Griffin Evolve Review
In a world cluttered with iPod speaker systems, Griffin Technology’s Evolve claims an advantage by virtue of its detachable, wireless speakers.
Is this a mere gimmick, or a real-world-useful feature? The Evolve package consists of a curvy base station with two antennae and a centrally-mounted iPod dock, two boxy little speakers (each with a 12w amp), a set of iPod dock adaptors, and a power supply. The Evolve has a sleek designer look, with a discreet black and grey finish that enables it to be relatively unobtrusive once it’s in place on your desk or shelf.
The aerials look fragile, though, and we were perhaps overly careful of busting them whenever we moved the base station.
The base station features left/right audio phono inputs, for connecting non-docking devices such as CD players, older iPods, and laptops; and video outputs in the form of composite and S-video, so any compatible iPod can provide movie playback on a TV while you enjoy audio through the shielded Evolve speakers. There are also left/right audio phono outputs, but we’re not sure why you’d need these. There’s no provision for syncing the iPod to your Mac or PC while it’s hooked up to the Evolve.
Ace of base
There are just a few controls on the base station – power on/off, a mono/stereo switch, and volume up and down. The remote control operates play/pause, volume, next/previous, forward/rewind, shuffle, repeat, EQ (cycling through iPod EQ settings), and on/off. We would like the ability to navigate playlists; the overall package is not exactly feature-rich – it seems that the design energy put into the Evolve has gone into the speakers rather than elsewhere.
The speakers are interchangeable; there’s no ‘Left’ and ‘Right’ – as you place them on the base station, they are paired, Bluetooth-style, and detect which side they’re on. A green LED lights on each speaker to remind you which is which. This LED lights orange if the built-in lithium ion battery needs recharging – a fully charged speaker (after two hours’ charging) should run for around 10 hours. Each speaker has a power switch, so you can rest it while away from the base if required, and they have a sleep mode – if no audio is detected for an hour, they switch themselves off.
We tested the Evolve using an 80GB 5G iPod and a 16GB iPod touch. The first thing you’re going to do – of course – is see how far you can get from the base station before the signal gives out.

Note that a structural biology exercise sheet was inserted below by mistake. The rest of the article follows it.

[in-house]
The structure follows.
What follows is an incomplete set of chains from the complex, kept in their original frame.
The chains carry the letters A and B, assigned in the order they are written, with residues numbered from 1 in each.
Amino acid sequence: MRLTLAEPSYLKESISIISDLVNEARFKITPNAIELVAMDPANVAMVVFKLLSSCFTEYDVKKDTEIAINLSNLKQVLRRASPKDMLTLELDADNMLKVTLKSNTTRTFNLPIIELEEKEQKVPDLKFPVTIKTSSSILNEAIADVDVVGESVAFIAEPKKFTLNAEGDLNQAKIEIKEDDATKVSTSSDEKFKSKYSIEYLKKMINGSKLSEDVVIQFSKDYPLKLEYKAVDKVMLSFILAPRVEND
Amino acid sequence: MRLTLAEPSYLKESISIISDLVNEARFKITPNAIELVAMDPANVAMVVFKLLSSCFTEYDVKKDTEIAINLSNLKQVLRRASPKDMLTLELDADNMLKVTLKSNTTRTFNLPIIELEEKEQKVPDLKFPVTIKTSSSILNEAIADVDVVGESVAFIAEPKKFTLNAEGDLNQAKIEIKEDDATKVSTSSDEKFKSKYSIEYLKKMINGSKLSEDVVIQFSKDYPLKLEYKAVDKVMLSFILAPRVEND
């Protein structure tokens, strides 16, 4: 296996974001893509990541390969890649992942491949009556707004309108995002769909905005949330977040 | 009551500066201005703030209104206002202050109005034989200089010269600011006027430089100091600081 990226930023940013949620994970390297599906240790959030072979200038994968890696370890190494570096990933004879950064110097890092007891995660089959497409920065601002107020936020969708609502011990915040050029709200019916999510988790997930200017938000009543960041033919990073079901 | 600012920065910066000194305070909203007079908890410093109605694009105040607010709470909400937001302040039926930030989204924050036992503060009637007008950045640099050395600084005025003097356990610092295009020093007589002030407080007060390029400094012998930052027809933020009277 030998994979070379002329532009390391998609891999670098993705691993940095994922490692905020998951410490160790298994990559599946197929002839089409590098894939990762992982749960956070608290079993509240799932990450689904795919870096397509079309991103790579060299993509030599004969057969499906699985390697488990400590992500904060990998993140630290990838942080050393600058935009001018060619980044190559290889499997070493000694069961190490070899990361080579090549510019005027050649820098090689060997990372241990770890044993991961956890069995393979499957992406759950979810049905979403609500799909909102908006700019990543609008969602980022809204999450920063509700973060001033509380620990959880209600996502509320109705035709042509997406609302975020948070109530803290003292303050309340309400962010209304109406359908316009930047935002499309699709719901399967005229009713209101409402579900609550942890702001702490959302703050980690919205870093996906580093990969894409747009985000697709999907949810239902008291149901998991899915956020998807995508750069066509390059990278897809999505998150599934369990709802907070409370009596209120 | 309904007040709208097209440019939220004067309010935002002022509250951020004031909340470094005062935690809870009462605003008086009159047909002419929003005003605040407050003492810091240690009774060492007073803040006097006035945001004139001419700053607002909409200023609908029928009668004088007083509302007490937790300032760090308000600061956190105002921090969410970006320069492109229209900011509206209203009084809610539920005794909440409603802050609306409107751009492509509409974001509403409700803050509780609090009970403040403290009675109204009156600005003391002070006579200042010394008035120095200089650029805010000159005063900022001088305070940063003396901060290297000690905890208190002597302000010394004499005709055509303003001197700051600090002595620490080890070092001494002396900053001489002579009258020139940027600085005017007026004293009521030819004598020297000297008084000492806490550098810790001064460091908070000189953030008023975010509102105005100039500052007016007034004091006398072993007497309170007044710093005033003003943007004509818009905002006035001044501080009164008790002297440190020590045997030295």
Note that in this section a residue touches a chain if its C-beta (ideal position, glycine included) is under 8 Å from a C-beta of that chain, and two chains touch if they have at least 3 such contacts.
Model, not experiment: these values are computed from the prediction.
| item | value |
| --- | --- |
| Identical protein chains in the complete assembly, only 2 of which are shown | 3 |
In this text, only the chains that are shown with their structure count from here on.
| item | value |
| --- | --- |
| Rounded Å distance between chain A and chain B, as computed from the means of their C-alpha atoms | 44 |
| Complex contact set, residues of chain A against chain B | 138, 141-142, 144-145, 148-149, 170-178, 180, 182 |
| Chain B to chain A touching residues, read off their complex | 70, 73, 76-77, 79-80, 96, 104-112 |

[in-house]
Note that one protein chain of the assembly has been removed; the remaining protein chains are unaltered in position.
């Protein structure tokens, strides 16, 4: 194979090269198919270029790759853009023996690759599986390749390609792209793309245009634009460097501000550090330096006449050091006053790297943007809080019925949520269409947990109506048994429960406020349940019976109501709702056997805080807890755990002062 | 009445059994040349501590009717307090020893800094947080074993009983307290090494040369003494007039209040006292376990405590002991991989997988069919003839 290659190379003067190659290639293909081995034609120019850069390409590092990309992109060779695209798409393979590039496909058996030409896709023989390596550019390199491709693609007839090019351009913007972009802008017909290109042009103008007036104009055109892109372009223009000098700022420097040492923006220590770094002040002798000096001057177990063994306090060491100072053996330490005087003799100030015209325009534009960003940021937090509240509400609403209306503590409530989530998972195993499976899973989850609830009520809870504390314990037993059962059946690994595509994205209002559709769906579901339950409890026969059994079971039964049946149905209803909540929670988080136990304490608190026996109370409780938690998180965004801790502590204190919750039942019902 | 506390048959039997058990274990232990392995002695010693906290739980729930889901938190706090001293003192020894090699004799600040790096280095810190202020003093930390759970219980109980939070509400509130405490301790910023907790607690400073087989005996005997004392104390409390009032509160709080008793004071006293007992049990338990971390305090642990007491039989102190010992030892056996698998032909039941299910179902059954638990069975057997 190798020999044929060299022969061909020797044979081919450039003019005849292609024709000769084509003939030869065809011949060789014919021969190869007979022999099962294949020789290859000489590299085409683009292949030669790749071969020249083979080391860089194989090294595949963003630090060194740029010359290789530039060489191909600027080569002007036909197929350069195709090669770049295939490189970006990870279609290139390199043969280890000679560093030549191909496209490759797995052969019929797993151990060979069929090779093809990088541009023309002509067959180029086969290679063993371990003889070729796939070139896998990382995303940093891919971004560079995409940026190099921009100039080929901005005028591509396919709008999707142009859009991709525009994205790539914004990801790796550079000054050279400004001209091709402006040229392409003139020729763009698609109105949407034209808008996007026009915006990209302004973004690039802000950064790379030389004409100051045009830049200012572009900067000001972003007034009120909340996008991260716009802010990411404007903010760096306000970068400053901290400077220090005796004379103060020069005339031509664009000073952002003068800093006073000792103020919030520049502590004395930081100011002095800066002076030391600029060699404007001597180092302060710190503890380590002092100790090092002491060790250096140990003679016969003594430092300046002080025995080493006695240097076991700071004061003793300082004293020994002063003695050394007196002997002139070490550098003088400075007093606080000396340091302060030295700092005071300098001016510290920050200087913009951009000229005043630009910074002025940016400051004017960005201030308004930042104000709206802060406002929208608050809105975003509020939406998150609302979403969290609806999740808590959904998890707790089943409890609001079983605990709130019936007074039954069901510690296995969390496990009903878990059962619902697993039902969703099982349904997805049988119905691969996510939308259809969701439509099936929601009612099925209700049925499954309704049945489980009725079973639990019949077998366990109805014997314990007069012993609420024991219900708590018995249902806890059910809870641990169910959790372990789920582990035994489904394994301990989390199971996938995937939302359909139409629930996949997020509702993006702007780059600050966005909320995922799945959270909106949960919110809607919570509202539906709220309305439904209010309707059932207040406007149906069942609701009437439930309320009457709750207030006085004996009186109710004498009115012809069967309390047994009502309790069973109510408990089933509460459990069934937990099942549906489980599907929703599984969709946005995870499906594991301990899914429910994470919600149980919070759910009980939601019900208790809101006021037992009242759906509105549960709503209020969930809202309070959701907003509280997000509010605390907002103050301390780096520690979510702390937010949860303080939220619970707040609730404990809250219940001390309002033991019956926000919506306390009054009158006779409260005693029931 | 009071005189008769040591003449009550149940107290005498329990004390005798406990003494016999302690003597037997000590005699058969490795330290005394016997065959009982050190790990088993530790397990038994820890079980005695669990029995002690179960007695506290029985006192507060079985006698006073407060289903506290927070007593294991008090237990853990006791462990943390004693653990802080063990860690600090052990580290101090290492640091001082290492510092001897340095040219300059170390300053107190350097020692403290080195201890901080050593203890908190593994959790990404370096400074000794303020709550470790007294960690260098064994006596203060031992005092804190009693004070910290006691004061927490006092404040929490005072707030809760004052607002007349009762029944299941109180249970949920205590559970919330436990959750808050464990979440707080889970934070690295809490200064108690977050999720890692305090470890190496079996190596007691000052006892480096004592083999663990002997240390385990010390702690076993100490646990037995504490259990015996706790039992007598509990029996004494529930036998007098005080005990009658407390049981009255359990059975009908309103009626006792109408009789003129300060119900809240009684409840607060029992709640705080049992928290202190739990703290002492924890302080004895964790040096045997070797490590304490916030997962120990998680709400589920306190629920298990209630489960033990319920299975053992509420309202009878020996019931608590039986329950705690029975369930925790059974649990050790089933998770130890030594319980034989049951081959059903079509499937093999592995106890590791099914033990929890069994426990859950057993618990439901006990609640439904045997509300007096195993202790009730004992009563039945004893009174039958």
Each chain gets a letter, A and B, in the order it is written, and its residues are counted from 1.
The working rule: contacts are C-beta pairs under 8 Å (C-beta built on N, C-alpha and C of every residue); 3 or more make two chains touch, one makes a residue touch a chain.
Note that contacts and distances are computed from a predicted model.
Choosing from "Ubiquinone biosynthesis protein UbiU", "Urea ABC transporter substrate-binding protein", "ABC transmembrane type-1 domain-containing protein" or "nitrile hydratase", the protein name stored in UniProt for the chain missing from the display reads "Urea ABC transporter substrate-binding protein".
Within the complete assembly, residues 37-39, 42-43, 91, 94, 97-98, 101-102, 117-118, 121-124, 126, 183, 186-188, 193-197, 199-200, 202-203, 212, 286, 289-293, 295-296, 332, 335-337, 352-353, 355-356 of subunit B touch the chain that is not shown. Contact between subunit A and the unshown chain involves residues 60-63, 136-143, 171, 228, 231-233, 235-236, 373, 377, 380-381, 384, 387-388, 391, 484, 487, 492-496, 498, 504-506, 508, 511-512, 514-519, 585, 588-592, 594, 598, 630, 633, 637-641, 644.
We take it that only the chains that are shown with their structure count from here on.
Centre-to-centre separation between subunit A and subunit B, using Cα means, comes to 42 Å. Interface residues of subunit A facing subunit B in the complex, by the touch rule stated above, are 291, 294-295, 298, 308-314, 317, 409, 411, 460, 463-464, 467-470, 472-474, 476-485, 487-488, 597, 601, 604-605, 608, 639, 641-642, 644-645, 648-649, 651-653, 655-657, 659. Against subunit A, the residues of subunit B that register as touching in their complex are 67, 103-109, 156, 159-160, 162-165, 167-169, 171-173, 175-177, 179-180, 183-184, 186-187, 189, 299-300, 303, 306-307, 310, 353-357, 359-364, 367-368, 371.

We tested this in a non-scientific way – three of us set off in different directions, outside the building, one with the remote, the others with a speaker each, and the speakers became baby boomboxes, bringing the gift of music to our neighbours. This was surreal enough, but when somebody else, a small figure down the street, is determining your song selection and volume from a remote control you can hardly see, that’s really strange.
This is why there’s a mono switch on the base – when your speakers get very far apart, or you place them in different rooms, stereo imaging is not going to happen, so you’re better off listening in mono. We managed to walk about 45 yards from the base station before playback ceased.
The Evolve sounds good, and it’s loud too – there’s no performance hit when carrying the speakers around. Whether docked or not, it makes for a neat speaker system.
The audio input is a worthwhile addition – any incoming audio is streamed wirelessly to the speakers too. There’s no input select switch, so make sure your iPod isn’t playing, if connected, otherwise you’ll hear both sources at the same time. There’s a stated audio latency of 20ms, which is effectively nothing for typical listening use.
We’re not excited by the Evolve’s features in general, but they’re adequate, and we are definitely excited by the wireless speakers. If room-to-room portability overrides a more fully featured remote control, or clock and radio functions, or simplicity of design, then you can’t go wrong with this.